Call a couple local real estate agents, they'd be happy to come meet you and see your home.

Have an amazing day!
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Sat Apr 6, 2013
Erin Joynt answered:
Hi Ramon,

I'm not in the Washington area, but the boundary map for Olympia School District can be downloaded as a pdf at

osd.wednet.edu/media/pagefiles/1211.8.08districtmap.pdf

The district website says that the boundaries for Olympia High School are the same as the boundaries for the following elementary schools: Boston Harbor, Madison, Roosevelt, Centennial, Lincoln, McKenny and Pioneer.

I hope this helps you!

-Erin
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Wed Apr 18, 2012
Dan Tabit answered:
Merriavpool,
Selling the home is not the problem. A home can be sold with little or nothing if all parties agree. Financing however another story is. If you are relying on a loan to pay for the home the bank will dictate the terms under which they choose to loan the money.
To my knowledge, VA will not do a major fixer like you are describing. In fact, in an intact home any "health or safety items" need to be corrected prior to closing for the loan to go through.
The FHA 203K loan would likely be your best choice. If the work necessary can be completed for $35,000 or less you can do a streamline 203K. If the home would require more than that, you'll need a full rehab loan. These loans are specialties that not all lenders do or necessarily do well. If you pursue this, make certain you and your lender are well versed on all the necessary steps and procedures in order to be successful.
As far as your pricing is concerned, you may offer whatever makes sense, but realize the seller's have only one goal, get it sold. The bank however will not just approve anything that comes in. If the offer is too low it may make more sense to foreclose and sell it themselves.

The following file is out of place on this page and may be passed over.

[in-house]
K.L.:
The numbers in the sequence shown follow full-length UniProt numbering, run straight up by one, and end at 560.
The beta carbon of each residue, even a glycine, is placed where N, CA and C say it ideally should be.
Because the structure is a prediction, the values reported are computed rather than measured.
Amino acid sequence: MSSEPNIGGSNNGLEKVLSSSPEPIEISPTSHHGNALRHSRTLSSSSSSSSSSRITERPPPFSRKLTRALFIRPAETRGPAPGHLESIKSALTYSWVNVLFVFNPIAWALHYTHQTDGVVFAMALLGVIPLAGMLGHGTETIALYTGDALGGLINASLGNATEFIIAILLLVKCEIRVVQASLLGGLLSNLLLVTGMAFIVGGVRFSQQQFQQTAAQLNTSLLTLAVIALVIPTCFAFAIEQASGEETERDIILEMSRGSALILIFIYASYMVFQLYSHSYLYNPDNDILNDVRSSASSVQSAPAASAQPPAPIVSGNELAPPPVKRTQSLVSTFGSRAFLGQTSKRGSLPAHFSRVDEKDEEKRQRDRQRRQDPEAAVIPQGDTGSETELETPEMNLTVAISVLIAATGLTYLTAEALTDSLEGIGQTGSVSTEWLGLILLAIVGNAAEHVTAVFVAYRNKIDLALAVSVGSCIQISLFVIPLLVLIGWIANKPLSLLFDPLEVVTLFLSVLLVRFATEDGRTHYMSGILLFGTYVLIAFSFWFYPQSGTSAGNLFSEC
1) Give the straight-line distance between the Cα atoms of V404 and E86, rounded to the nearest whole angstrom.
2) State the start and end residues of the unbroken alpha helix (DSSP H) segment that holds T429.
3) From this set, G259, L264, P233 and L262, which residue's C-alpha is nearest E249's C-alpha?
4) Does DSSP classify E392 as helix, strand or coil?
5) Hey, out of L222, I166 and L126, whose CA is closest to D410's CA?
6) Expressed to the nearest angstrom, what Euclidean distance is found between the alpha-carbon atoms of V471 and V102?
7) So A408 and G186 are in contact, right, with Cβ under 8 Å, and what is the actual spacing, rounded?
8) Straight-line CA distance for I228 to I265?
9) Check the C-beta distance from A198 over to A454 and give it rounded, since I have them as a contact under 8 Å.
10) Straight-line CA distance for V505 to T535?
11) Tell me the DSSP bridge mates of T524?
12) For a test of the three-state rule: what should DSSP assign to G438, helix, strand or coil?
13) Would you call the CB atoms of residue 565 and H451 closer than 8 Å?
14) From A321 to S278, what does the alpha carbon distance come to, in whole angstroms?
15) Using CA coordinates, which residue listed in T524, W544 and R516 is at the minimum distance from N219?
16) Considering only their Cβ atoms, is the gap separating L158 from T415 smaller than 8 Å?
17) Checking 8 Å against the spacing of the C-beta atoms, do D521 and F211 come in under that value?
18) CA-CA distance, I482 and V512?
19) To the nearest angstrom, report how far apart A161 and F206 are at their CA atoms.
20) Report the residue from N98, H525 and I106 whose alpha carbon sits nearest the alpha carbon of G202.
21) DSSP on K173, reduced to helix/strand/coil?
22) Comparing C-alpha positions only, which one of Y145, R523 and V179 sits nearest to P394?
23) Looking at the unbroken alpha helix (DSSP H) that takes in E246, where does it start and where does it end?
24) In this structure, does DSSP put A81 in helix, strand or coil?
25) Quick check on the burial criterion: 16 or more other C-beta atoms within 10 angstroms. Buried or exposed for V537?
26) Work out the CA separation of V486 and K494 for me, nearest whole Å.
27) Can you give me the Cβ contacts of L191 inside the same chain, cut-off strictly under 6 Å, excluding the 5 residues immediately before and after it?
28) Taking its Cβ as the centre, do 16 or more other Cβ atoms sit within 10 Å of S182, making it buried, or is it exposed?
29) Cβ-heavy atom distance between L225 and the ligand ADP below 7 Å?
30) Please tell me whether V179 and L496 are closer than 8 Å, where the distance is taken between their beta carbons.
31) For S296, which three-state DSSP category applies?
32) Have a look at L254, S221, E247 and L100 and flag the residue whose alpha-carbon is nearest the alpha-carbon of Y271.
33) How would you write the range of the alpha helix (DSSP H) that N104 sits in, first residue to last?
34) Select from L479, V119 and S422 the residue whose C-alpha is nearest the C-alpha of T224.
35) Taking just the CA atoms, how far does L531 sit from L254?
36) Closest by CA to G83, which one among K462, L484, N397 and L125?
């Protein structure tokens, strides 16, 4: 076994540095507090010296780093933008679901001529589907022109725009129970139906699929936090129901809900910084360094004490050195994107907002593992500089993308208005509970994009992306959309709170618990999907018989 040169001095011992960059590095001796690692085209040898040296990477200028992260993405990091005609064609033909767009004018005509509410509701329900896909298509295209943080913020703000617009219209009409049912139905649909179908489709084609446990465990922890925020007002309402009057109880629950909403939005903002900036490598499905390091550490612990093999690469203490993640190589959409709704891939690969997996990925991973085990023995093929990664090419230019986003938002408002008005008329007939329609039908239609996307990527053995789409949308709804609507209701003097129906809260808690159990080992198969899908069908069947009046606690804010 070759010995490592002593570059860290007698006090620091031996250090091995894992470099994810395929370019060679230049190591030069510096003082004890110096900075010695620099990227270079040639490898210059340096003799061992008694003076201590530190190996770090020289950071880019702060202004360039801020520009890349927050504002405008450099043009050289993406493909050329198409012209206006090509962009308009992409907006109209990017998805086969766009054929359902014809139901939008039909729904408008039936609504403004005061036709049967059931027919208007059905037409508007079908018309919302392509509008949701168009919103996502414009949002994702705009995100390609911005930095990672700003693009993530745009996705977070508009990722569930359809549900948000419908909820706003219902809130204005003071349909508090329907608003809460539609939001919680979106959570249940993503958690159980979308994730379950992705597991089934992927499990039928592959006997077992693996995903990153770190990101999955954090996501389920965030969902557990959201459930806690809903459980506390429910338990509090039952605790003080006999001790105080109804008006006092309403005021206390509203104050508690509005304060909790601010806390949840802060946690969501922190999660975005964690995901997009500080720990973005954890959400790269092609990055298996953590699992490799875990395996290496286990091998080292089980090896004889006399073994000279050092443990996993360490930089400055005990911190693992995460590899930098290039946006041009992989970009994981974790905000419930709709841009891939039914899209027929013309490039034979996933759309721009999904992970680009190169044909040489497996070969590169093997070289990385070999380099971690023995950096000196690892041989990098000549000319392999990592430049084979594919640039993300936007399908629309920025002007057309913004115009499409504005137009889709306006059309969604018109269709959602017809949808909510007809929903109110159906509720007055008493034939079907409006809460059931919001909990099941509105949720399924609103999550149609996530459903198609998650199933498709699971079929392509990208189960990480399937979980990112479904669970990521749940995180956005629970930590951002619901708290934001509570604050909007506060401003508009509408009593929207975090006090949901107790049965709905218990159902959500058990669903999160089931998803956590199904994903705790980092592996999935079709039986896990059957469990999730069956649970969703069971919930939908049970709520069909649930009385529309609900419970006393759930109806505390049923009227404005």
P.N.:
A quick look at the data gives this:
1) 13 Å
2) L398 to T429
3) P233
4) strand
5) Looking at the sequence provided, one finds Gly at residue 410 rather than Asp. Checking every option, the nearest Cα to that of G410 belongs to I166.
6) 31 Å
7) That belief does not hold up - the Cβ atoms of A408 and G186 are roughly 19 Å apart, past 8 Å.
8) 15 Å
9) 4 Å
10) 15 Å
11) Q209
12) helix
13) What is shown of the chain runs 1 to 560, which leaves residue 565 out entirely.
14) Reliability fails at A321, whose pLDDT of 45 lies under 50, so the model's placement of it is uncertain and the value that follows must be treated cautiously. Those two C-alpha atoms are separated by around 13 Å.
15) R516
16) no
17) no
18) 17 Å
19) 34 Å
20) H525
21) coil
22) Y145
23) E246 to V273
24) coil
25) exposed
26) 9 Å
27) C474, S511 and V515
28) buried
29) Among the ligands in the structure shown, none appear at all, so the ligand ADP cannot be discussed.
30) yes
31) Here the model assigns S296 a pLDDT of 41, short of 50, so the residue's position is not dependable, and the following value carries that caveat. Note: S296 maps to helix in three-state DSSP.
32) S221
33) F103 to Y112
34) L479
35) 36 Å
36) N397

Your offer should be low enough to make waiting out the short sale process worthwhile, but high enough so that the bank would be willing to approve it.
You need your own agent to review the comparable properties in the area and advise you in the best strategy. Your agent also needs to investigate the listing agent and their success record with short sales. Many agents try, but too many fail when it comes to proper submission and obtaining approval. If the listing agent is using a third party negotiator you may have success even if this is the agent’s first short sale.
One last thought, I had a house like this last year. The interior was gutted and it was just a shell. I used a third party negotiator on this and it took a long time to get approval and working through some channels to get the lender to understand that a "drive by" valuation wouldn't detect the interior condition we were dealing with. We were eventually successful, but it took a long time and hard work.